Are We Making Education Count in Remote Australian Communities or Just Counting Education?

John Guenther

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For quite some time the achievements of students in remote Australian schools have been lamented. There is not necessarily anything new about the relative difference between the results of Aboriginal and Torres Strait Islander students in remote communities and their counterparts in urban, regional and rural schools across Australia. However, in the last decade a number of changes in the education system have led to the difference being highlighted — to such an extent that what had been an ‘othering’ of remote students (and their families) has turned into marginalisation that is described in terms of disadvantage, deficit and failure. One of the primary instruments used to reinforce this discourse has been the National Assessment Program — Literacy and Numeracy (NAPLAN) testing. This instrument has also been used as part of the justification for a policy response that sees governments attempting to close the educational gap, sometimes through punitive measures, and sometimes with incentives. At a strategic level, this is reflected in a focus on attendance, responding to the perceived disadvantage, and demanding higher standards of performance (of students, teachers and schools more generally). Accountability has resulted in lots of counting in education — counts of attendance, enrolments, dollars spent and test scores. These measures lead one to conclude that remote education is failing, that teachers need to improve their professional standards and that students need to perform better. But in the process, have we who are part of the system lost sight of the need to make education count? And if it is to count, what should it count for in remote Aboriginal and Torres Strait Islander communities? These are questions that the Cooperative Research Centre for Remote Economic Participation is attempting to find answers to as part of its Remote Education Systems project. This article questions the assumptions behind the policy responses using publicly available NAPLAN data from very remote schools. It argues that the assumptions about what works in schools generally do not work in very remote schools with high proportions of Aboriginal and Torres Strait Islander students. It therefore questions whether we in the system are counting the right things (for example attendance, enrolments and measures of disadvantage).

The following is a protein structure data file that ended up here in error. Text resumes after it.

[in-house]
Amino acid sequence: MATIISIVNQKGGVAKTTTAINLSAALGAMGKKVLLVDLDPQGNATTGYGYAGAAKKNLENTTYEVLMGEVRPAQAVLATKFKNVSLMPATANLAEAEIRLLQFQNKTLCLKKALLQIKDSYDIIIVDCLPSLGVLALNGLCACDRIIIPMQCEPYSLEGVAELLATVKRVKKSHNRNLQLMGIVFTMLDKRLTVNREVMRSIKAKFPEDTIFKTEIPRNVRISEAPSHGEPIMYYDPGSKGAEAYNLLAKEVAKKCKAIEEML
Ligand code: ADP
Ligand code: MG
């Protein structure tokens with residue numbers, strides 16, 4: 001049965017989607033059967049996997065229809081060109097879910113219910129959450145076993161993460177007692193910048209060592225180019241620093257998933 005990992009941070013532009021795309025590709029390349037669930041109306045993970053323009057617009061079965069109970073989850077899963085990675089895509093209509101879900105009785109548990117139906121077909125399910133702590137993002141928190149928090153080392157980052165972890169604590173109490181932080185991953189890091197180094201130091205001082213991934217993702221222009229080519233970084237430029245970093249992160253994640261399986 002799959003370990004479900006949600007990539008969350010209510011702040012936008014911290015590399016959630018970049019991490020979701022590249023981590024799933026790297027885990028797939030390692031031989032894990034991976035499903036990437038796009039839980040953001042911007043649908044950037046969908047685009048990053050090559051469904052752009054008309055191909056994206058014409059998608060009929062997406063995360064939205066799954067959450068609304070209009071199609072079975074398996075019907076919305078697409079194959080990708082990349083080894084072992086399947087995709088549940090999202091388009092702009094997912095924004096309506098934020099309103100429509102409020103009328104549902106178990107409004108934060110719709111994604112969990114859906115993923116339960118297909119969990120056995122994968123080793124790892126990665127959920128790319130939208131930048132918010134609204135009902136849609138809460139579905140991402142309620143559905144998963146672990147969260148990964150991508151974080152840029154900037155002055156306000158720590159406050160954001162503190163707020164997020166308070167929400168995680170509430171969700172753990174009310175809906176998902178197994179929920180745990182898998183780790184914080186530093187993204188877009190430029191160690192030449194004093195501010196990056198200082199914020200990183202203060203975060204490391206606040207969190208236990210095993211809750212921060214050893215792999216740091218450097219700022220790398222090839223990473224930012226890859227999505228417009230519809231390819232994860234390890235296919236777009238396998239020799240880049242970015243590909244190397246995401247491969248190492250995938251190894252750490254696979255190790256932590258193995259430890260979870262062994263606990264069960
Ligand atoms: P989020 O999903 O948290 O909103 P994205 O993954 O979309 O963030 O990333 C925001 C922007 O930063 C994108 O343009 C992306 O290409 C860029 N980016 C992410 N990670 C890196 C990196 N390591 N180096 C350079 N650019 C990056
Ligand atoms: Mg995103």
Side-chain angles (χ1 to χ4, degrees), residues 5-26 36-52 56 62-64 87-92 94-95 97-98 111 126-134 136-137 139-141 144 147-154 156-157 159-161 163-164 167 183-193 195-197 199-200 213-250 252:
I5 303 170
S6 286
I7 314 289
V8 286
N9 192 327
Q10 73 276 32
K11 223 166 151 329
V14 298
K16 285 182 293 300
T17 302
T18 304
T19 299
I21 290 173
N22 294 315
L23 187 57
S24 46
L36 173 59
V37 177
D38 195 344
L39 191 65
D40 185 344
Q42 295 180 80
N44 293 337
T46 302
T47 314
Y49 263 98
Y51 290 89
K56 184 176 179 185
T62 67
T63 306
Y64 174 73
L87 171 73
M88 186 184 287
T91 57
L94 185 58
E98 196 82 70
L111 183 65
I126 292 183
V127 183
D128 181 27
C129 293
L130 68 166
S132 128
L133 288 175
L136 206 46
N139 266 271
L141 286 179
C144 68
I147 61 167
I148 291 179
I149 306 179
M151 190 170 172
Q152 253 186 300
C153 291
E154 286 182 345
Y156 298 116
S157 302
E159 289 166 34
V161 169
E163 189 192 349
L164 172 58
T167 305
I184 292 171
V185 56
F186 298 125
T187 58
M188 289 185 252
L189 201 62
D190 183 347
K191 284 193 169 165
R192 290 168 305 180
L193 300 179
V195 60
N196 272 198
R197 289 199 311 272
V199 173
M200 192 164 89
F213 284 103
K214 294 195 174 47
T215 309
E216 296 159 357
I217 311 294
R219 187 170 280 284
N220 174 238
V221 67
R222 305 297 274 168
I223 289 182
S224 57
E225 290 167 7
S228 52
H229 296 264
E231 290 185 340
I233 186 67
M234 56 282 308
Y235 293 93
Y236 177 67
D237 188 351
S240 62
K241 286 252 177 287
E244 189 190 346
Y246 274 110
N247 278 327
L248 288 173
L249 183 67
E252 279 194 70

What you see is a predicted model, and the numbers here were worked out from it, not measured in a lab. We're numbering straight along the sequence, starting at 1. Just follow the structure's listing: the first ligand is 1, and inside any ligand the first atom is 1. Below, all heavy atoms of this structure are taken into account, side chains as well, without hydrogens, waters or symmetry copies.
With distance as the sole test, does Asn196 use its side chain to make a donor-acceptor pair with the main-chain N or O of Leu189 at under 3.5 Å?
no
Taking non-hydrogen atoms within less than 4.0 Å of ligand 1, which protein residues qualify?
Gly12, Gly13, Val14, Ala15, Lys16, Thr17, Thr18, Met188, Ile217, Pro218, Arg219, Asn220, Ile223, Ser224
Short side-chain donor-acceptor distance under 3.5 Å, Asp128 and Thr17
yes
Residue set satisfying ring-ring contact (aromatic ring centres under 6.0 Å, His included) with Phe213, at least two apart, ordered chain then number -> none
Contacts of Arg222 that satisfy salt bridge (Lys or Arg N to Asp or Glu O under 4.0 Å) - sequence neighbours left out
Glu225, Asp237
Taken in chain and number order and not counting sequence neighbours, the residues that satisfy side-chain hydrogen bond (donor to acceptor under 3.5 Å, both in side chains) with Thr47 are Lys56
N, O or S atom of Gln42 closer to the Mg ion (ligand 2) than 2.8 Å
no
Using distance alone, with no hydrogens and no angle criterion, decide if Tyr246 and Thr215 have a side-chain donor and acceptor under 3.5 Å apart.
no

Original languageEnglish
Pages (from-to)157-170
Number of pages14
JournalAustralian Journal of Indigenous Education
Issue number2
Publication statusPublished - 2013


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